SUVs of this age tend to be very heavy even when they’re not carrying a lot of weight, Borris said. “With all this payload above the vehicle’s center of gravity, it’s going to make it even more unstable,” he said.
What does the area look like?
Just a mile from the crash site, a cemetery with unmarked bricks is a burial site for migrants who died crossing the border from Mexico to the California desert.
The area became a major route for illegal border crossings in the late 1990s after stronger law enforcement in San Diego pushed migrants to more remote areas. Many have crossed the All-American Canal, an aqueduct that runs along the border and releases water from the Colorado River to the farms through an extensive network of canals.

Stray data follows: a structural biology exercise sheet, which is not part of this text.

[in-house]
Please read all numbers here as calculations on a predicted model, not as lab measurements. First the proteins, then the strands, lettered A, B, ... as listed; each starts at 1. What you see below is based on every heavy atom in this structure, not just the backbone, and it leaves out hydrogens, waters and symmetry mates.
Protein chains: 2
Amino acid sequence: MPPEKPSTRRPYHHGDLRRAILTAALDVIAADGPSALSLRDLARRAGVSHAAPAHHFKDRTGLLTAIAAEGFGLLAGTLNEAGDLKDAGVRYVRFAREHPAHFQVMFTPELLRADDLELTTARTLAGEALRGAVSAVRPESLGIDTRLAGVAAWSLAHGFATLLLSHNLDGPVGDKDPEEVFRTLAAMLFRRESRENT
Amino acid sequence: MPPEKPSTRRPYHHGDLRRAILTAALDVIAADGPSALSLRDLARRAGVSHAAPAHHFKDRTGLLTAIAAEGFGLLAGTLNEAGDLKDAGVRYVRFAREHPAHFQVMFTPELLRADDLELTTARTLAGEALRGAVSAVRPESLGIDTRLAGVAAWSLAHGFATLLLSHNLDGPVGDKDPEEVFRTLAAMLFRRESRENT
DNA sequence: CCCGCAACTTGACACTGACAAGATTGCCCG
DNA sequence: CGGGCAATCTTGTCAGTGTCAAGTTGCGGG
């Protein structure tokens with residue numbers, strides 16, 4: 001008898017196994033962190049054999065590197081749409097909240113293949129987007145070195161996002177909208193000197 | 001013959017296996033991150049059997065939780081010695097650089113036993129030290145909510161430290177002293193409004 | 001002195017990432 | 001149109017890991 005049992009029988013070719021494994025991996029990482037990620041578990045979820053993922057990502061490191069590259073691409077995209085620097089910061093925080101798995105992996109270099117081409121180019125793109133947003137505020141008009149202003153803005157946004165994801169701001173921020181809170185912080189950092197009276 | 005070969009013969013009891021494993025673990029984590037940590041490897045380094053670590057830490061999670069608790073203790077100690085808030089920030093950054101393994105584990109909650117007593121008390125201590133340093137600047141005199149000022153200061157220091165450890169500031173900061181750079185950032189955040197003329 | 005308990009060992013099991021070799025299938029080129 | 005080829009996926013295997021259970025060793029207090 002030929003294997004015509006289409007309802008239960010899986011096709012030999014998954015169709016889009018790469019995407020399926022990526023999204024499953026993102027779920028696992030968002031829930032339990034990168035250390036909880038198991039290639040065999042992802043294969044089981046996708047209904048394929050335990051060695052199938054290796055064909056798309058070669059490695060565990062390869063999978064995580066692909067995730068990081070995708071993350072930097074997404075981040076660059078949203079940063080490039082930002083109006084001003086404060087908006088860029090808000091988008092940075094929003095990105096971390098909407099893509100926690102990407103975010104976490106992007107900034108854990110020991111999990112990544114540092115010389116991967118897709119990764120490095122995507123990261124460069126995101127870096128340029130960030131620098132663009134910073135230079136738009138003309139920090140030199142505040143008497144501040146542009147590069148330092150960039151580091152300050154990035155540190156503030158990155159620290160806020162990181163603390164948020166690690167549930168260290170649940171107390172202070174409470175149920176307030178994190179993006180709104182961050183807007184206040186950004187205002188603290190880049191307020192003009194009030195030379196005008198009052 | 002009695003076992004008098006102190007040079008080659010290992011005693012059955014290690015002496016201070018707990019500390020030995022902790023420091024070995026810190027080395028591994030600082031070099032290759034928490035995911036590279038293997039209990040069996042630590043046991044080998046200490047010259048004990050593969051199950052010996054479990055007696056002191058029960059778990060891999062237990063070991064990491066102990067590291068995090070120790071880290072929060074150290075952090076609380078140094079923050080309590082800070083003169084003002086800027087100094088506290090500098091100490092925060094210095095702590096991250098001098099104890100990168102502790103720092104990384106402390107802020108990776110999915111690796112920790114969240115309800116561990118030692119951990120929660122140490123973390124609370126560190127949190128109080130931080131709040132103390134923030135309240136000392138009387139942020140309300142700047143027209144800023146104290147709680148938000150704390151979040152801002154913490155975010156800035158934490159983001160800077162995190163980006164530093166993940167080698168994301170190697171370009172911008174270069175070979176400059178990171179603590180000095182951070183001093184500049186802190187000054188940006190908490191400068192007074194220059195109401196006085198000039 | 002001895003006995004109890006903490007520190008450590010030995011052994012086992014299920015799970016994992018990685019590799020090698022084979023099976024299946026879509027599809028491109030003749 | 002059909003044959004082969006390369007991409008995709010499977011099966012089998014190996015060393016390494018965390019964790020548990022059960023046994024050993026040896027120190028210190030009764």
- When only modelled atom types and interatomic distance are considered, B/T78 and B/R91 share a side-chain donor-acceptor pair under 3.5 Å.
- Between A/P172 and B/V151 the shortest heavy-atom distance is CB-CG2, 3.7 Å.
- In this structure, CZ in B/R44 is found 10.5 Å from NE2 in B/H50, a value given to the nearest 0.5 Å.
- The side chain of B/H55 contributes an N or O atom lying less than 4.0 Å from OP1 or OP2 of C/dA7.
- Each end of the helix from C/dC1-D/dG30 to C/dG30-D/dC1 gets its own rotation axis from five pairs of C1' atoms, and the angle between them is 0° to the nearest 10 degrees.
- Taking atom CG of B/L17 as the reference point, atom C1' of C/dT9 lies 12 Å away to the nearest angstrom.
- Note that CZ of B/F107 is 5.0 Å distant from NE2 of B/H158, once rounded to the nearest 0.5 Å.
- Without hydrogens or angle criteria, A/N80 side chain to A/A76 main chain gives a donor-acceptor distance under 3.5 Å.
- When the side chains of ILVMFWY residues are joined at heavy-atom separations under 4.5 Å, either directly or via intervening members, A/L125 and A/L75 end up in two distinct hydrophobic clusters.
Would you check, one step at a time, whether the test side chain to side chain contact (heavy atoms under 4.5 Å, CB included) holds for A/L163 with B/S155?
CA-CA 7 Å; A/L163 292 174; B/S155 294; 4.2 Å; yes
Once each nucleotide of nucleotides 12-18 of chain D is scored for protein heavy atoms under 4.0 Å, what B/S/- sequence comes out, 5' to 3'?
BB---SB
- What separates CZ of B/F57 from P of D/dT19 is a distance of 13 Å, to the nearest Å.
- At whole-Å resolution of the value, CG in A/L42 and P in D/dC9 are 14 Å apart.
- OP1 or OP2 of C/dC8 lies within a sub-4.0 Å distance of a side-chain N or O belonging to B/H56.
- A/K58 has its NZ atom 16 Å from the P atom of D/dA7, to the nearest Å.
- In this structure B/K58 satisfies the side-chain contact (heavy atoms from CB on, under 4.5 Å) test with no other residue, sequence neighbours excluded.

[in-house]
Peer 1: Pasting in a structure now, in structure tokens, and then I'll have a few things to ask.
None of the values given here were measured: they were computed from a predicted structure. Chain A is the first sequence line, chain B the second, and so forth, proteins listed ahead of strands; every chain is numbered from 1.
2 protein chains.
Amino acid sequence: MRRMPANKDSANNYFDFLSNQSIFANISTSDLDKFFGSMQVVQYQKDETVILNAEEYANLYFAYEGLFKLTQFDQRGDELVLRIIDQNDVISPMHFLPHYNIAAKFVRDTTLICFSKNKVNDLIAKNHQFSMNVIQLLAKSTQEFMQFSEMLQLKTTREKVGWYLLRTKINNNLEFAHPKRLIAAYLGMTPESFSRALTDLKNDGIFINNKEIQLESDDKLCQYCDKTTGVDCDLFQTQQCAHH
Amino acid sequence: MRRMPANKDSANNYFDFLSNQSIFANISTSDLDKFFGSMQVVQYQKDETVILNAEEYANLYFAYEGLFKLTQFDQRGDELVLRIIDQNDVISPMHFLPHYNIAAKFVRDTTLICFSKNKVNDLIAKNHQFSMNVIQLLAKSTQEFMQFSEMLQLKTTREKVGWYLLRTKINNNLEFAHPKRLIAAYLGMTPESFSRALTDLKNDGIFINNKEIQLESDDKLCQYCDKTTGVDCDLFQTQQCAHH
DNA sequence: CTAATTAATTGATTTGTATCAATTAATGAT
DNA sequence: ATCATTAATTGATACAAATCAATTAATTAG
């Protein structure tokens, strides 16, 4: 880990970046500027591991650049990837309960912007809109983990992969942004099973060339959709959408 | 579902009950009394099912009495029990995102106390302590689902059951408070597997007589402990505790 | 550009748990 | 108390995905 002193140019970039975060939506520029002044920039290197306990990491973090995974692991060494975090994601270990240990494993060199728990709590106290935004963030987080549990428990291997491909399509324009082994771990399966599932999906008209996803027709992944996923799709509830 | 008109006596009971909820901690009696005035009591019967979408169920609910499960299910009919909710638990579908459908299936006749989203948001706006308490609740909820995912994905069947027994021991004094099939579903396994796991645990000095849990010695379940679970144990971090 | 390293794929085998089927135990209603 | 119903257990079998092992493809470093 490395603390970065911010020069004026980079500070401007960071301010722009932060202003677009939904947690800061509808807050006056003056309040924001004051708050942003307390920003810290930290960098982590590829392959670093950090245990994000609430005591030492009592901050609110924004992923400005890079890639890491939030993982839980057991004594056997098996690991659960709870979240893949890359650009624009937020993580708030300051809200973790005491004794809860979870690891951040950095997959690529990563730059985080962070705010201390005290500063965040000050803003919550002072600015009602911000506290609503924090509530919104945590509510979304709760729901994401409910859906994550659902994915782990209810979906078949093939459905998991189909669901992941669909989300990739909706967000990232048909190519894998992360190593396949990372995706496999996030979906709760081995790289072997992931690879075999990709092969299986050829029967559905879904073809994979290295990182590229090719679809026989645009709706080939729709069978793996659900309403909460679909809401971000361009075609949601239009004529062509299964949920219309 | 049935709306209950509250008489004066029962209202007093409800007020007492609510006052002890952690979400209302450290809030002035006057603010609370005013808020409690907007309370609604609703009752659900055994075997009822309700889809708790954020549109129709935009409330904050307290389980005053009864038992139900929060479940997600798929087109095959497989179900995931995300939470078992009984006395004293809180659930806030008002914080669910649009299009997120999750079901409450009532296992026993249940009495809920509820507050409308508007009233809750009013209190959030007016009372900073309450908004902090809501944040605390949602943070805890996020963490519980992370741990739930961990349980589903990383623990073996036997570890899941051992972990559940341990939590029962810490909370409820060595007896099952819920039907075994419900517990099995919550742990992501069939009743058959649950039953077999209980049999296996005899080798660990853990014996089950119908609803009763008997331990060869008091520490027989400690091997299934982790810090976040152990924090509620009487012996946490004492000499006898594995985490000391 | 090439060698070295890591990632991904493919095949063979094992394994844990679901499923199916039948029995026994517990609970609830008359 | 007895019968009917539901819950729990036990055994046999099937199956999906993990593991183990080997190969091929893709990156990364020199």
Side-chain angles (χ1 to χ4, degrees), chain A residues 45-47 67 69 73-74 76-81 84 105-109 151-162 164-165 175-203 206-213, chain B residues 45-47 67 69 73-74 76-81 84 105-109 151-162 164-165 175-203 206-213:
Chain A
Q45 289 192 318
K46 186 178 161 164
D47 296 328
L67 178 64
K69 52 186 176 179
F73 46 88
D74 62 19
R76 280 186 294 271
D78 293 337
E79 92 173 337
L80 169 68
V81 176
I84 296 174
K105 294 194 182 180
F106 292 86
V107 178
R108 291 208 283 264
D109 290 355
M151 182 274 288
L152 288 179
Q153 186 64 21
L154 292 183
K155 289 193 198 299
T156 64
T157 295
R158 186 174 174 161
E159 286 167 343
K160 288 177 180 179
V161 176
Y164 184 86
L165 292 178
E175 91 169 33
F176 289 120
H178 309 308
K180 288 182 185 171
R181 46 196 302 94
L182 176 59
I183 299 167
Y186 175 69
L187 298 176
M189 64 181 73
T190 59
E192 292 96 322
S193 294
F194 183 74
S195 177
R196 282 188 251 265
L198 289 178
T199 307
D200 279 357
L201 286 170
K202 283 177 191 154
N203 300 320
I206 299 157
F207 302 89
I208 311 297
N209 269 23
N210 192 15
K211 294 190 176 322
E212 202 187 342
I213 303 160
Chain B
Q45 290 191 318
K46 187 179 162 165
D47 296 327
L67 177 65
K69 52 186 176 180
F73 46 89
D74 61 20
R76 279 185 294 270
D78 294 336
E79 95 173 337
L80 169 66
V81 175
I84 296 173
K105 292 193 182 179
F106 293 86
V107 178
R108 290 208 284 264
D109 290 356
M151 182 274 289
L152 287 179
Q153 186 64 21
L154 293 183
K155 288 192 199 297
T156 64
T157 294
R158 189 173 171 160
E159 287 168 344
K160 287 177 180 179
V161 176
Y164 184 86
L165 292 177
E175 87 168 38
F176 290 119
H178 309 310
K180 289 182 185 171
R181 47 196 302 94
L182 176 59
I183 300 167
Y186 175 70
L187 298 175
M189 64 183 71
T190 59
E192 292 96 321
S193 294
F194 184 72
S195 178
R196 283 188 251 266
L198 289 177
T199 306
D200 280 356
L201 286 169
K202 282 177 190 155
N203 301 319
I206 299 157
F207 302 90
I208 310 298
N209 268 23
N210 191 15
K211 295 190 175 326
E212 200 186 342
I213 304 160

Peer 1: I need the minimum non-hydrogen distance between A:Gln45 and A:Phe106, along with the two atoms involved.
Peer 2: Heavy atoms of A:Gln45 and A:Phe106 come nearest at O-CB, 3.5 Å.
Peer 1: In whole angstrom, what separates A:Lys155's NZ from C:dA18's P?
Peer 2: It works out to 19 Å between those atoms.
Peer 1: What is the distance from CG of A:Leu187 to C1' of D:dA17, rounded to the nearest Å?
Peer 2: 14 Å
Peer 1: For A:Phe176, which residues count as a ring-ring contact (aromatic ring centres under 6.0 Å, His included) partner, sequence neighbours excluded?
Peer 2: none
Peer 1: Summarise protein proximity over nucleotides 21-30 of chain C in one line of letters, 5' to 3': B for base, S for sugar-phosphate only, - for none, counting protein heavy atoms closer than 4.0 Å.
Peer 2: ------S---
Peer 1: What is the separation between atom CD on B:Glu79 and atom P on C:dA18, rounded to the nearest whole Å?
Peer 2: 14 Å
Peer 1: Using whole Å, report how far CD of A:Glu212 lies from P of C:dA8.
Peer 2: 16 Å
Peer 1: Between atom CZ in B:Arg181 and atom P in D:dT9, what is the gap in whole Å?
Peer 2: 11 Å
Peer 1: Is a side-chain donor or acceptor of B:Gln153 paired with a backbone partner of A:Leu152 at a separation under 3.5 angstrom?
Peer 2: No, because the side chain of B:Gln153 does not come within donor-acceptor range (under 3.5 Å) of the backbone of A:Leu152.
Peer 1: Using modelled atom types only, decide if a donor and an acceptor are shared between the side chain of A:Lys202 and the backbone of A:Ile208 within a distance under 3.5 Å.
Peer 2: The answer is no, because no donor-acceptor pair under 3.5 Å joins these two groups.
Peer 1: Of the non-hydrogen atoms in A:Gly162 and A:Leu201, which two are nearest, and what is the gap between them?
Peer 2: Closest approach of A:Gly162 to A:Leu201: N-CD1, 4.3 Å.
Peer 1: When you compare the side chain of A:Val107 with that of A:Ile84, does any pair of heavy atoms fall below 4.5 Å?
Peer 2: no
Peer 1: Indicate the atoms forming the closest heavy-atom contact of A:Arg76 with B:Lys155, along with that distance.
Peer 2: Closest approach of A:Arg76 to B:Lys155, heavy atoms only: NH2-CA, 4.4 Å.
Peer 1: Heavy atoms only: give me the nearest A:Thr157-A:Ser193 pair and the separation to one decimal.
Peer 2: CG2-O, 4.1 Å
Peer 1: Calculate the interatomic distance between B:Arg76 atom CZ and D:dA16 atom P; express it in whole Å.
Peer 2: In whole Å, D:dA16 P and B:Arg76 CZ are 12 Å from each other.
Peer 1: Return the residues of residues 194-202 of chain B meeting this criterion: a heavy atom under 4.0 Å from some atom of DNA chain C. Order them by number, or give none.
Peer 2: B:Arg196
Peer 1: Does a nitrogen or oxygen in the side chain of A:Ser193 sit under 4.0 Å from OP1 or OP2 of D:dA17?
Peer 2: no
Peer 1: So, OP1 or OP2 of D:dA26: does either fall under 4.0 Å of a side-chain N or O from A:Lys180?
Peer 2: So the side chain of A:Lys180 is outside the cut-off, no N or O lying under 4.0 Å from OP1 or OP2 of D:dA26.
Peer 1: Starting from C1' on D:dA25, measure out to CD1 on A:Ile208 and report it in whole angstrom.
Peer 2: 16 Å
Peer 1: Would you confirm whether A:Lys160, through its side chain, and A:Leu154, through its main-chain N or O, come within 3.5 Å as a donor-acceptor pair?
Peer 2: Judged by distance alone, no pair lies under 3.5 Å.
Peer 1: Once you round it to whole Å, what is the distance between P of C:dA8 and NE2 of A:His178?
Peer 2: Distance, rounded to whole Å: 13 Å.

In 2001, John Hunter founded Water Station, a group of volunteers who leave jugs of water in giant plastic drums for dehydrated migrants. “I was trying to figure out how to stop the dead,” said Hunter, whose brother Duncan advocated strongly for building a border wall as a member of Congress.
Illegal crossings fell sharply in the mid-2000s, but the area remained a draw for migrants and was a priority for building walls under former President Donald Trump. His administration’s first wall project was in Calexico.
The region is also a great stretch of suburb for thousands of farm workers who legally cross the border every day.
California’s Imperial Valley, which supplies much of the lettuce, onions, broccoli and winter vegetables to U.S. supermarkets, is finishing its winter harvest. Many workers commute daily from Mexico during harvest, taking buses and SUVs to the fields of downtown Calexico just before dawn.